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One thing is certain in 2020: uncertainty. With the global pandemic in full effect, thousands have been furloughed or laid off while many companies enact hiring freezes. Yet, other companies are still hiring – and some, like COE’s newest member company Singleton Construction, have found a way to take advantage of the pandemic to bring in top-notch talent.
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As you prepare your organization’s at least partial return to the office, I urge you to take the time to reflect on what you’ve learned about the work. Treat the four months since the Covid-19 pandemic sent millions of workers in various occupations to shelter and work at home as an experiment. The slice of the workforce that was able to move their work to home—estimated to be somewhat more than a third of all workers—includes the group known as knowledge workers.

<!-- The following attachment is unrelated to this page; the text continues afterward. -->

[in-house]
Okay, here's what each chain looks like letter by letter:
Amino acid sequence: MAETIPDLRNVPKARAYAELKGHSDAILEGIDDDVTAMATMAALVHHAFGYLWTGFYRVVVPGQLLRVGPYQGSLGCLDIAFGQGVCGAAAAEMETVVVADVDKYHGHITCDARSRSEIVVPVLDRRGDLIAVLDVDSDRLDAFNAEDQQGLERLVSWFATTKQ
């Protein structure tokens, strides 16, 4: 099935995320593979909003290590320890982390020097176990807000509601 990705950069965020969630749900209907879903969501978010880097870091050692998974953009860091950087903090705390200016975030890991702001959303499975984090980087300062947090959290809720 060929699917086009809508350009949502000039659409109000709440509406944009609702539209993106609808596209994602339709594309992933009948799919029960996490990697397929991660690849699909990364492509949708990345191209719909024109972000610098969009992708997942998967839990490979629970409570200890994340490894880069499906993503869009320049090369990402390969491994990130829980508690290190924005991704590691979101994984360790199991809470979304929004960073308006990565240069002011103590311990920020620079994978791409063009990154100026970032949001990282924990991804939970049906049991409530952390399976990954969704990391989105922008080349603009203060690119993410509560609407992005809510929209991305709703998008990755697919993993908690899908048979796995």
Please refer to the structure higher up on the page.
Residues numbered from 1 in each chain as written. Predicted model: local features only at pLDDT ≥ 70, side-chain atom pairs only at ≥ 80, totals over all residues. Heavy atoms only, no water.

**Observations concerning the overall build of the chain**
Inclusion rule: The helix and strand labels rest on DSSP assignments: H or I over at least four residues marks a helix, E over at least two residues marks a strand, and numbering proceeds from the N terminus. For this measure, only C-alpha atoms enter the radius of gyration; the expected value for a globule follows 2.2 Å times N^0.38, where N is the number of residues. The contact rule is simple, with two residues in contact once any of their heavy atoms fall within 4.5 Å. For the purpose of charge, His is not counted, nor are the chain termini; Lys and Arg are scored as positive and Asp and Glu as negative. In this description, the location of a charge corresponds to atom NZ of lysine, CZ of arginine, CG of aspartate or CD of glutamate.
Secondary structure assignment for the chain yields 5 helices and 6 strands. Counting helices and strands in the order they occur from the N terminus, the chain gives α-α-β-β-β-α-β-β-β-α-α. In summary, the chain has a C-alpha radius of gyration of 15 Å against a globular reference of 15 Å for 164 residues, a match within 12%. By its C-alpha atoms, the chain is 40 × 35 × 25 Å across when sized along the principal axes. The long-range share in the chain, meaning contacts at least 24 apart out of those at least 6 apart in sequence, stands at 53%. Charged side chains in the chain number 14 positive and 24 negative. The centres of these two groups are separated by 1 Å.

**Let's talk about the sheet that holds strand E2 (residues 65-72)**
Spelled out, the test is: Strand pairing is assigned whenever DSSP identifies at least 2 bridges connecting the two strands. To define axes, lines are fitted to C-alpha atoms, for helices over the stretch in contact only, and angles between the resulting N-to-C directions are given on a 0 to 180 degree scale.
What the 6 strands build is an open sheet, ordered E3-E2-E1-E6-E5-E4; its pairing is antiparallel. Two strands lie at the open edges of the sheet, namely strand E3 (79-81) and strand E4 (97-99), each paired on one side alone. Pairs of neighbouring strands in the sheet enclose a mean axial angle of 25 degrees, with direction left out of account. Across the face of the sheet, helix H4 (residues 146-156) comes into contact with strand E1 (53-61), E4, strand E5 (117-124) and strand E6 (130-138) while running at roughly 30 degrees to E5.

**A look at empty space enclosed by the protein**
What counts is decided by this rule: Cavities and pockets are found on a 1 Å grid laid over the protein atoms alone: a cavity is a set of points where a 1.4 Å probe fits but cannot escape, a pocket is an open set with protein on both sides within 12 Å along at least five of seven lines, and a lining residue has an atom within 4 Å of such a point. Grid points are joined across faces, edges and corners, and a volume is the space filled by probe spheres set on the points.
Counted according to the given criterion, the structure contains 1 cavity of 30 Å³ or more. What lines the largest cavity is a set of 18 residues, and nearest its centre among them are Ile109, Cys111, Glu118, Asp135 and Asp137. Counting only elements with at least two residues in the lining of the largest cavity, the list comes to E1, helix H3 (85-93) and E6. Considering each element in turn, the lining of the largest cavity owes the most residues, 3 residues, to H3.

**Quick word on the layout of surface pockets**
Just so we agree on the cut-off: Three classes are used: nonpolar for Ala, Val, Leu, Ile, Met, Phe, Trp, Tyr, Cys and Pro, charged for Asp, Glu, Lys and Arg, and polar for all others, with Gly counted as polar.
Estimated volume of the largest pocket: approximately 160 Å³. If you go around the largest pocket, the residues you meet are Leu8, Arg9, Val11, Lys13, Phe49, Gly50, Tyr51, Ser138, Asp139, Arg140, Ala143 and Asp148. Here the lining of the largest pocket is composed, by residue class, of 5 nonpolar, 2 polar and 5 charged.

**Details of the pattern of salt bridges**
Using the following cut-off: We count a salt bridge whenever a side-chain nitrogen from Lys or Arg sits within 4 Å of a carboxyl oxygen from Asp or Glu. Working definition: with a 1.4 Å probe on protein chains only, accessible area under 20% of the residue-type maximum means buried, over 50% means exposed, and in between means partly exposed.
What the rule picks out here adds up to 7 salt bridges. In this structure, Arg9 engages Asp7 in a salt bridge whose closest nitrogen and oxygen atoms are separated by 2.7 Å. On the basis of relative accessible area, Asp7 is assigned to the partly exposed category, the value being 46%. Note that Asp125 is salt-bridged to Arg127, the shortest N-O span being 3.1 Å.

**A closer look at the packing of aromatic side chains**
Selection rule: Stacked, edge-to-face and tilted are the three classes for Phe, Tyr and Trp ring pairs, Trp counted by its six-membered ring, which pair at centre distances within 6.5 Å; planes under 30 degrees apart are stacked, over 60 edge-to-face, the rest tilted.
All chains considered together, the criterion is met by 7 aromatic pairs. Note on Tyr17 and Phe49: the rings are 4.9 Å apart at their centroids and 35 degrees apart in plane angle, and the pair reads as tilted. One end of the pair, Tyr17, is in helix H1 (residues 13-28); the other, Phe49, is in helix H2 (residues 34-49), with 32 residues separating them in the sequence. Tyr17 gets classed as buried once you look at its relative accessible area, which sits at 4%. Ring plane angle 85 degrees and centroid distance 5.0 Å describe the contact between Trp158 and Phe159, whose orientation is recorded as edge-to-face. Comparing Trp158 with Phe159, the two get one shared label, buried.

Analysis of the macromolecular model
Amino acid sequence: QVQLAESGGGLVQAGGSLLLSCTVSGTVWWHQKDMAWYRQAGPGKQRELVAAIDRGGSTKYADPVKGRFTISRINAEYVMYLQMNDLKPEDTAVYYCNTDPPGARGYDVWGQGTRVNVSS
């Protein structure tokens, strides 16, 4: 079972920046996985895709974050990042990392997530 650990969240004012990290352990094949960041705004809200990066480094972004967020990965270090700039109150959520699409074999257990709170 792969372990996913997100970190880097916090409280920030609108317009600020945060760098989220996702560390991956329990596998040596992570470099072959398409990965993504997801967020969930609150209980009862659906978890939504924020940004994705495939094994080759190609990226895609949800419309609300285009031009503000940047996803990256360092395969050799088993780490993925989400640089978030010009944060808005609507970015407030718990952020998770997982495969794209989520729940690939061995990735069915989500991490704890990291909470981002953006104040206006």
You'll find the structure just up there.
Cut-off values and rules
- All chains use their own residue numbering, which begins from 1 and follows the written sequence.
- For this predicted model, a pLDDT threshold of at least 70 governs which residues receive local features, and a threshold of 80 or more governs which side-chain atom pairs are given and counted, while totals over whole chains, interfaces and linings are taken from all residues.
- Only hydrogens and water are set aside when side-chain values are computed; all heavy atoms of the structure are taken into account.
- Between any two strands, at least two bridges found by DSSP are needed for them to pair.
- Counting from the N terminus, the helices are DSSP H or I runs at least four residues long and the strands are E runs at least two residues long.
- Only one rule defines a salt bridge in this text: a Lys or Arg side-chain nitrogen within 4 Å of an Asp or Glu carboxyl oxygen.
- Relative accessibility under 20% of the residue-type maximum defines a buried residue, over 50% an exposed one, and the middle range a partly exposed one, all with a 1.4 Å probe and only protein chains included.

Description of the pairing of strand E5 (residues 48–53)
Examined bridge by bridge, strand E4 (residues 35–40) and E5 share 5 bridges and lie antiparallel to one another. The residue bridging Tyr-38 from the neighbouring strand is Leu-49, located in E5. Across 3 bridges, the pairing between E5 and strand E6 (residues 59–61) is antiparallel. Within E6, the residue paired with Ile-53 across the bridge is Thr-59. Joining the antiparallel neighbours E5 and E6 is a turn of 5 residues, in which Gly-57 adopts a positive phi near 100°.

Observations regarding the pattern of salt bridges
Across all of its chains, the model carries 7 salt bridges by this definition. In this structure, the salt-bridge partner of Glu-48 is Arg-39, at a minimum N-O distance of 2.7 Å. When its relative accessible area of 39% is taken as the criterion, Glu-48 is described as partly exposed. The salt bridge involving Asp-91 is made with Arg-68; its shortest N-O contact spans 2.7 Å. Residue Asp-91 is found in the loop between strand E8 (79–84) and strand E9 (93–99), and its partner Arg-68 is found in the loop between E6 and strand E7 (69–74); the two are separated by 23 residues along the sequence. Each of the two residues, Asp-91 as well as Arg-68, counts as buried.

As we reflect on the COVID-19 pandemic, we start to wonder how certain countries and regions are able to manage the pandemic better than others. By better, I mean fewer cases and containing the spread within their countries for a sustained period. Through science, we now know that effective containment of COVID-19 relies on preventive measures of wearing facemasks, washing hands, adherence to strict social distancing, monitoring daily health and avoiding public gathering to contain the spread.
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To an extent, an organization’s long-term success depends on its ability to shift its focus quickly when conditions change suddenly. Covid-19 provides a vivid example where virtually all organizations in every industry had to discover how to survive amid a new reality: retail stores shuttered, office work redistributed to millions of “home offices,” travel curtailed almost completely, etc. Health care provides the most dramatic example of the need for such a pivot. (Later in this essay, I return to health care in describing NewYork-Presbyterian’s successful pivot in the face of Covid-19 and
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In the research we have done into enterprise resilience, we conceptualize it as a balancing act between the vulnerabilities your organization faces (i.e. the risks inherent in your operations) and the capabilities you build to mitigate the impact of these risks.  The idea is that you want to build a portfolio of capabilities best suited to your pattern of vulnerabilities.